So, although special prosecutor Jack Smith editorializes in paragraph 93 that “the Defendant made knowingly false claims of election fraud,” the examples he cites indicate that the Defendant made claims of election fraud that that the Defendant believed to be true. And in criminal law, the fact that Jack Smith believes that Jack Smith knows the claims to be false does not establish “knowingly” as to the Defendant.

And there’s more. The indictment recites that Trump continued to express his belief that the election had been stolen from him throughout the day on January 6, 2021. Here’s text from indictment paragraphs 110 and 117, with emphasis added regarding the Defendant’s expressions of belief:

110. Upon receiving news that individuals had breached the Capitol, the Defendant’s advisors told him that there was a riot there and that rioters had breached the building. When advisors urged the Defendant to issue a calming message aimed at the rioters, the Defendant refused, instead repeatedly remarking that the people at the Capitol were angry because the election had been stolen.

117. After the 4:17 p.m. Tweet, as the Defendant joined others in the Oval Office to watch the attack on the Capitol on television, the Defendant said, “See, this is what happens when they try to steal an election. The people are angry. These people are really angry about it. This is what happens.”

Is all the stuff about false claims of election fraud just editorial fluff to poison the well against the Defendant? In other words, is the prosecution’s theory actually just that Trump’s attempt to defraud the United States had to do with his assertions to Pence that Pence had the authority not to certify the electors from the 6 states in controversy? While special prosecutor Jack Smith is running the 4 counts of this indictment up the legal flagpole to see whether his unconventional interpretation of the law will fly, why is it far-fetched to suppose that the Defendant might have believed in the legal advice he received, regarding unconventional interpretations of legitimate electoral college certification practices to address what he actually believed was broad and deep election fraud?

Counts Two and Three.

I will address counts two and three in reverse order. Both allege offenses under 18 USC section 1512. Count three alleges Obstructing of and Attempt to Obstruct an Official Proceeding, under subsection (c)(2) of section 1512, while count two alleges Conspiracy to Obstruct an Official Proceeding, under subsection (k).

Section 1512 is part of the Sarbanes-Oxley act, passed in the wake of the Enron scandal. The bill bore the title, “Public Company Accounting Reform and Investor Protection Act” in the Senate. In the House, it was the “Corporate and Auditing Accountability, Responsibility, and Transparency Act.” But its language is broad enough that some of its provisions have become darlings of federal prosecutors seeking to crush certain disfavored defendants. Section 1512, itself, is titled, “Tampering with a witness, victim, or an informant.” Again, the charge in count 3 was brought under subsection (c)(2). In whole, subsection (c) reads as follows:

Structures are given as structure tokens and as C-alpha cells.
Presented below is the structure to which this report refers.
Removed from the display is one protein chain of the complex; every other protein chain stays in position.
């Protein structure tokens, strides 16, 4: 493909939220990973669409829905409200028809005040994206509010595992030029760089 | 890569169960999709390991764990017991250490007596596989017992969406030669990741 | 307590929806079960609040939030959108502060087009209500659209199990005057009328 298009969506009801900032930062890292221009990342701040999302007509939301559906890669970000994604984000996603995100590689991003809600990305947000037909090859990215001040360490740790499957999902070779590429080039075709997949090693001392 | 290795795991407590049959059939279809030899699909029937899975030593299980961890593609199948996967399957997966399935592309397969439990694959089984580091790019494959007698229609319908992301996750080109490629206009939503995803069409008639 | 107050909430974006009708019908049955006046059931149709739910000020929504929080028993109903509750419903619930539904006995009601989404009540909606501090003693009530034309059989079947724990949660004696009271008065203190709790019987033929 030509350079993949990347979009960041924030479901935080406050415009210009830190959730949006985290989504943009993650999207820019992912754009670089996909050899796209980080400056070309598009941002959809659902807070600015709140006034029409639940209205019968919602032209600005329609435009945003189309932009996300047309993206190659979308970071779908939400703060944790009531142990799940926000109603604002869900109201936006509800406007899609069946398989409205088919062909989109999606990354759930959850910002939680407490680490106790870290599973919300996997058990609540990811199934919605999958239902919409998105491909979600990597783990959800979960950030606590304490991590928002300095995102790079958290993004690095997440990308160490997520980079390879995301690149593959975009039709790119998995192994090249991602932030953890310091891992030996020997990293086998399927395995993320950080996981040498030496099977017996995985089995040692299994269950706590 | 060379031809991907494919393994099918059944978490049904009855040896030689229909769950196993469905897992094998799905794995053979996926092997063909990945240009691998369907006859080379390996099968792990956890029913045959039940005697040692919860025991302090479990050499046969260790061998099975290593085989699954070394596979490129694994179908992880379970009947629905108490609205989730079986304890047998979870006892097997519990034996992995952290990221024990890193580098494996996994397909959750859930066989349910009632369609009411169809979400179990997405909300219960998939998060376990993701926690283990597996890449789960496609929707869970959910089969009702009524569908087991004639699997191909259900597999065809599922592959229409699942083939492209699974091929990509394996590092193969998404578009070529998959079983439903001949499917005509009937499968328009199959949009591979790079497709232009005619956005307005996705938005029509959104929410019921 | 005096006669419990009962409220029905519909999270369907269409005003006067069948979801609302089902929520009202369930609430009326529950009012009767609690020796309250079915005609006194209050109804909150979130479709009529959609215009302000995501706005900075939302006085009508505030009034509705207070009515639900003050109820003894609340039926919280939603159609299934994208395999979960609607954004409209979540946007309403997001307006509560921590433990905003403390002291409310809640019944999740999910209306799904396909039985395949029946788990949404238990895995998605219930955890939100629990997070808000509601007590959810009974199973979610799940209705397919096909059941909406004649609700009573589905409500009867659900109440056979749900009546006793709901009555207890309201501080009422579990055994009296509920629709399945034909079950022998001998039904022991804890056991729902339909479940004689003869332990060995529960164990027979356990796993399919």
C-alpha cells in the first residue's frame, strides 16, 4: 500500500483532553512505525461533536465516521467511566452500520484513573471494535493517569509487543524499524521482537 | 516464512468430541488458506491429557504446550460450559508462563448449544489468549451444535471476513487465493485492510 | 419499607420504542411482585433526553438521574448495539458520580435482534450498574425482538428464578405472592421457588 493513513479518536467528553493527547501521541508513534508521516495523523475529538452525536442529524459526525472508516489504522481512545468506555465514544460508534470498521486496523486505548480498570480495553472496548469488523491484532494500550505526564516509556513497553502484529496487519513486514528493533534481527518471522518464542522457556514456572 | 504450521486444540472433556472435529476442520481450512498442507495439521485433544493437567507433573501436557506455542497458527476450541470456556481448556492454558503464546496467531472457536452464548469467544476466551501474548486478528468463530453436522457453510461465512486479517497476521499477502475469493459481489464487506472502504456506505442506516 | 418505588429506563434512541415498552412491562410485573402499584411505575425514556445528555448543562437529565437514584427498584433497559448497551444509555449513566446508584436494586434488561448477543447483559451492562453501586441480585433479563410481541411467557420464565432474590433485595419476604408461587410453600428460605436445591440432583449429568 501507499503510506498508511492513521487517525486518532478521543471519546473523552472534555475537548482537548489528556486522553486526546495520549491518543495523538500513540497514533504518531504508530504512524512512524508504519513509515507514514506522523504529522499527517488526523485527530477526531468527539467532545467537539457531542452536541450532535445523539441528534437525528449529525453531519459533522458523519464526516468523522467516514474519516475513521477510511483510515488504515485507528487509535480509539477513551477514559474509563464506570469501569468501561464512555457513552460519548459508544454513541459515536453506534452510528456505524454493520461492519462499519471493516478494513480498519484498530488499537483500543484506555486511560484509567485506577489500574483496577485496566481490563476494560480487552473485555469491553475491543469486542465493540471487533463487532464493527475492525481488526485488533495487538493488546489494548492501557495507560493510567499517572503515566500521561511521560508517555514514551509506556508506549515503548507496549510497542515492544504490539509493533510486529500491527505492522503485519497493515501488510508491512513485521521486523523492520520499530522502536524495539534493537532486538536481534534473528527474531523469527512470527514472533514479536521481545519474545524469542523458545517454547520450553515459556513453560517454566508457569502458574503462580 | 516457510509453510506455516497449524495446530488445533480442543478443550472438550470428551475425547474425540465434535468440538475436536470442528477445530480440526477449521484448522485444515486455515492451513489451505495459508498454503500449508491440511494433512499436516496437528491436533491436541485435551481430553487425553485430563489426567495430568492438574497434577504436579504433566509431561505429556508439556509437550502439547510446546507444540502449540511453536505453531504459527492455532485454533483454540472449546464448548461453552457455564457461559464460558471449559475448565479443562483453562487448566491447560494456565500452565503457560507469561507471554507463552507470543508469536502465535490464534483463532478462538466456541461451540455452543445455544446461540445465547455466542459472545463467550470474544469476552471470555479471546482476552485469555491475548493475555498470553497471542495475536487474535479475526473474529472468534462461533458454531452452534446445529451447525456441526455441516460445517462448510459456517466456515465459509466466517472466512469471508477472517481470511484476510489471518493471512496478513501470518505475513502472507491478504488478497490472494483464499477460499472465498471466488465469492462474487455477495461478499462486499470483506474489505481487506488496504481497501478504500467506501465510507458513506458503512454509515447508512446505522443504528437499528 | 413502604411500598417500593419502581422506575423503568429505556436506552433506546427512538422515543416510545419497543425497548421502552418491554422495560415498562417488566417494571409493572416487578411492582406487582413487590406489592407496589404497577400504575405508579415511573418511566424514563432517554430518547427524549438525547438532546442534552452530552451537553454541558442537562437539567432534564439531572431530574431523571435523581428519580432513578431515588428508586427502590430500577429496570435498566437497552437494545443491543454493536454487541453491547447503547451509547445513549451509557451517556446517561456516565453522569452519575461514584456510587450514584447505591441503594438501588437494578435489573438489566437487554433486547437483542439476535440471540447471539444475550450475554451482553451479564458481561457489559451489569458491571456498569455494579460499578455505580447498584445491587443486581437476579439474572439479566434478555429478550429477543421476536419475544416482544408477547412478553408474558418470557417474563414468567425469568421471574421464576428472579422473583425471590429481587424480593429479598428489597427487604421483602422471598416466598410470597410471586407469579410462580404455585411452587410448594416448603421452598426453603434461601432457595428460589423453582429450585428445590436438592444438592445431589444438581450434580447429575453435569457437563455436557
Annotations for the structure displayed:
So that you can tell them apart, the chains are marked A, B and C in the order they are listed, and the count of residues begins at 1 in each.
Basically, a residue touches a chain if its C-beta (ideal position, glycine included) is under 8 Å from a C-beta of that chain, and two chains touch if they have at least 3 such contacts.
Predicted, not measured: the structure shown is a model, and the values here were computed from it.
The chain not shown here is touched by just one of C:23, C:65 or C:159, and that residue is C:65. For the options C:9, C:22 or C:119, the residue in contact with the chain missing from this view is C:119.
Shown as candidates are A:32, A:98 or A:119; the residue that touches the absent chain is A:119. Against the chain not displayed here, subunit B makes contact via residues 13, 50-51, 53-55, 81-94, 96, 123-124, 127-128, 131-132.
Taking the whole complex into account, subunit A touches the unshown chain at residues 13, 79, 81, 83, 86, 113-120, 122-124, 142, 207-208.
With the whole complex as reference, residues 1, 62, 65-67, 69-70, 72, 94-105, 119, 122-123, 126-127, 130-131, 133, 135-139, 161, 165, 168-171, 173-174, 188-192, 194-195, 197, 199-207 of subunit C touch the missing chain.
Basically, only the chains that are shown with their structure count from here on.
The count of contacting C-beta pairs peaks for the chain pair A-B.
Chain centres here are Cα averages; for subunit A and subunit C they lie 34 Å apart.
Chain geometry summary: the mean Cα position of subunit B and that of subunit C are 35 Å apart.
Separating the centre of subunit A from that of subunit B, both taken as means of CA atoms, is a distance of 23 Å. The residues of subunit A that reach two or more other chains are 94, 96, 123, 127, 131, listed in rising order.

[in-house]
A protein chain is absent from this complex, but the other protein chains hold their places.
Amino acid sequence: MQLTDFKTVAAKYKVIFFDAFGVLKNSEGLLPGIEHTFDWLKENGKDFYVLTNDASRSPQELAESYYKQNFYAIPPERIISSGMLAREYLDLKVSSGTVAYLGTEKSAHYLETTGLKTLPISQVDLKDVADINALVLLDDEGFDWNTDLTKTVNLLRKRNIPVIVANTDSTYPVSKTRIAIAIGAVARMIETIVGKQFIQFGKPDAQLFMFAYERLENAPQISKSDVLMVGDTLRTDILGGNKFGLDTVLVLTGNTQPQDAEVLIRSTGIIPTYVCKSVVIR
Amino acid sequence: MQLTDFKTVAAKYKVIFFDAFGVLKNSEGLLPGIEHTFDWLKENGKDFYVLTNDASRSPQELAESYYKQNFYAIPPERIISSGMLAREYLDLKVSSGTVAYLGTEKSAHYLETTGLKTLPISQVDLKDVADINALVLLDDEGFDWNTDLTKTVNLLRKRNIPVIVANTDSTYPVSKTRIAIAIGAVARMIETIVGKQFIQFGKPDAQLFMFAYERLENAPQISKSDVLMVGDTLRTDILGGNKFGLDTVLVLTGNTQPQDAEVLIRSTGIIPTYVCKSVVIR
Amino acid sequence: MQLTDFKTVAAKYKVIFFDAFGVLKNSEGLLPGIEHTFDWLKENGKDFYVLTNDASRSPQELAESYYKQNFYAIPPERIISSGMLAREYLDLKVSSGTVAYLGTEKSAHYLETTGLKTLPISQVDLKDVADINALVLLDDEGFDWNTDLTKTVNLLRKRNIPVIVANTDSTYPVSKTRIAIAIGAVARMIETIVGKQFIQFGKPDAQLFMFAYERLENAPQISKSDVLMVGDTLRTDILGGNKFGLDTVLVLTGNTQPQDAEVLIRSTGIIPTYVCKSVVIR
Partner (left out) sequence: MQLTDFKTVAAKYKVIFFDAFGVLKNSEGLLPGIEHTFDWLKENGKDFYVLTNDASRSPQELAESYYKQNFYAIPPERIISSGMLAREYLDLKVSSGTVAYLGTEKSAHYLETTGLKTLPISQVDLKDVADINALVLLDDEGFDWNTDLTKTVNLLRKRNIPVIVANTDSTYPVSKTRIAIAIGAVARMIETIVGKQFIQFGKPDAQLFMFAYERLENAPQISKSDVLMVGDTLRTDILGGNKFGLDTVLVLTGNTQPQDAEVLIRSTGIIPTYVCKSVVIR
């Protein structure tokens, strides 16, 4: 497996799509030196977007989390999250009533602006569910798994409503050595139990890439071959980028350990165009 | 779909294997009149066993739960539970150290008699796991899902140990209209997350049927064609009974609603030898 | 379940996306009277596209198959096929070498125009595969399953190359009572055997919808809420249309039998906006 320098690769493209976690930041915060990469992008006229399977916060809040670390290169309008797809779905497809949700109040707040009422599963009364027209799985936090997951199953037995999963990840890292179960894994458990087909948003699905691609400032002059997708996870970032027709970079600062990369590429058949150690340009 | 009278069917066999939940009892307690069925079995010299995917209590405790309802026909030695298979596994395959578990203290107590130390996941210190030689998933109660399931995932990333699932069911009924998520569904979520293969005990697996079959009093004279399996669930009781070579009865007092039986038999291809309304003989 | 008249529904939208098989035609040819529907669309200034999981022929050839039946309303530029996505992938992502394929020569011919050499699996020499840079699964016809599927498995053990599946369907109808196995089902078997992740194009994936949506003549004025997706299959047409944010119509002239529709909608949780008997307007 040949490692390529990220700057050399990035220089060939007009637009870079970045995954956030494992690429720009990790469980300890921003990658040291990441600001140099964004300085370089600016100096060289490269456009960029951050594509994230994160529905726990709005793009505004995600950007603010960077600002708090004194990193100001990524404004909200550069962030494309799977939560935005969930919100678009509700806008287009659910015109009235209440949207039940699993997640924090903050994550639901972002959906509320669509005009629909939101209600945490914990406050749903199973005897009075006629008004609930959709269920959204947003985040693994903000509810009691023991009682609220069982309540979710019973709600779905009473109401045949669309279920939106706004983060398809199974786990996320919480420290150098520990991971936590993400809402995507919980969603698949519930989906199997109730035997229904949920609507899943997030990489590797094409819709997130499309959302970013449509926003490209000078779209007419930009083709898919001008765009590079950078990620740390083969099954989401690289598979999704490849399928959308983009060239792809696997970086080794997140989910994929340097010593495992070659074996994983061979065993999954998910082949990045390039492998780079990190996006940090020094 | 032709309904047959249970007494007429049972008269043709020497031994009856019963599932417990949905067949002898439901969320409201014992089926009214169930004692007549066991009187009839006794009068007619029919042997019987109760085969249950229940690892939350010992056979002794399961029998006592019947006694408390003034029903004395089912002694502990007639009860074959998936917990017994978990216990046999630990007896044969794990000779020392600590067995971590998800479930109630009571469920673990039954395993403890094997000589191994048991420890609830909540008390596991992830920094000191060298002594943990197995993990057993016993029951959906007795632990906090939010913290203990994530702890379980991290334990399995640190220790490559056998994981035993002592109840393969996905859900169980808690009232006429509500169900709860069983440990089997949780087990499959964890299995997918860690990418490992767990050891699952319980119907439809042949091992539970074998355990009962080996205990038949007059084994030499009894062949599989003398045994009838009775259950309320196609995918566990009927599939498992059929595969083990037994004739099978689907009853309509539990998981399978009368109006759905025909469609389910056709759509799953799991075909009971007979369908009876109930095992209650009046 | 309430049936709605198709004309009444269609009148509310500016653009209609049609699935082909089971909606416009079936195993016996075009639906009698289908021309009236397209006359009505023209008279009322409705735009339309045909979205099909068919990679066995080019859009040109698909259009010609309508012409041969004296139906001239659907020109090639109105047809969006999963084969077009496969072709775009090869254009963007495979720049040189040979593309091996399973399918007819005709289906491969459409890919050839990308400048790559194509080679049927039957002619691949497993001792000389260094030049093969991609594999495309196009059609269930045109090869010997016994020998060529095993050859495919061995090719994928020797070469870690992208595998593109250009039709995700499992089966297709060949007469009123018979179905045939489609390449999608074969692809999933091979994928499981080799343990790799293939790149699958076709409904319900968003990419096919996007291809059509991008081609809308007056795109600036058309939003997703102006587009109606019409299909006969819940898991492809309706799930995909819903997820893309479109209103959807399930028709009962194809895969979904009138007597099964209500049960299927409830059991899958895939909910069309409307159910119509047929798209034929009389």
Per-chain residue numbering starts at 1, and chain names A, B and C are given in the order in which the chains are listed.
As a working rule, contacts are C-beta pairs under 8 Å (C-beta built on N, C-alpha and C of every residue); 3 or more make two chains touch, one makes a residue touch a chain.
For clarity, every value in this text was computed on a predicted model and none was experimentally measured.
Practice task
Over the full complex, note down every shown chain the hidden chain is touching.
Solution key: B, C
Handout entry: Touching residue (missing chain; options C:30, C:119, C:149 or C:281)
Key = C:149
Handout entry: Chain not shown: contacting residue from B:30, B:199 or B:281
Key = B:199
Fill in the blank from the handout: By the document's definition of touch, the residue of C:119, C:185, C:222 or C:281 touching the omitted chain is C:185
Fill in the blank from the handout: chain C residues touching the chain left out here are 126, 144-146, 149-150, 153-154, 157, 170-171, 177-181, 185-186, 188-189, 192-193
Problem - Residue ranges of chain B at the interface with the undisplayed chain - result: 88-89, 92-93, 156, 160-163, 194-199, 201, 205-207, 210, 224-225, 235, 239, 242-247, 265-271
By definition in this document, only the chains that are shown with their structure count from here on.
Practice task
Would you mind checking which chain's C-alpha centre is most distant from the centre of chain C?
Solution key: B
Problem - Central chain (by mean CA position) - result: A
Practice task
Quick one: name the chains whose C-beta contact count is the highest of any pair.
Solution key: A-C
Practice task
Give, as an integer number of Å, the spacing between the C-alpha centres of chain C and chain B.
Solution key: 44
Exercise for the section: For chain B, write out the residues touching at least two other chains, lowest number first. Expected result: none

(c) Whoever corruptly—

(1) alters, destroys, mutilates, or conceals a record, document, or other object, or attempts to do so, with the intent to impair the object’s integrity or availability for use in an official proceeding; or

(2) otherwise obstructs, influences, or impedes any official proceeding, or attempts to do so,

shall be fined under this title or imprisoned not more than 20 years, or both.

The theory of Count 3 is that Donald Trump corruptly obstructed or attempted to obstruct, influence or impede an official proceeding — the certification of electors. But as you can see, the statute contains the element “corruptly.” Otherwise, every time a politician or lobbyist attempts to influence or succeeds in influencing an official Congressional proceeding it would be a criminal act under section 1512(c)(2). Every filibuster that obstructs or impedes such a proceeding would be a crime, etc. And as I have posted about before, what is required to meet the element of “corruptly” is not a settled issue.

Does it suffice for a person to simply be wrong about the appropriateness of his or her grounds for attempting to influence, obstruct or impede? Is that enough to establish that his actions were taken “corruptly?” If so, that makes ordinary politics and the exercise of political speech very dangerous. But I’m sure there’s no need to worry, as long as you fit within the prosecution’s “good guys” category, not the prosecution’s “bad guys” category.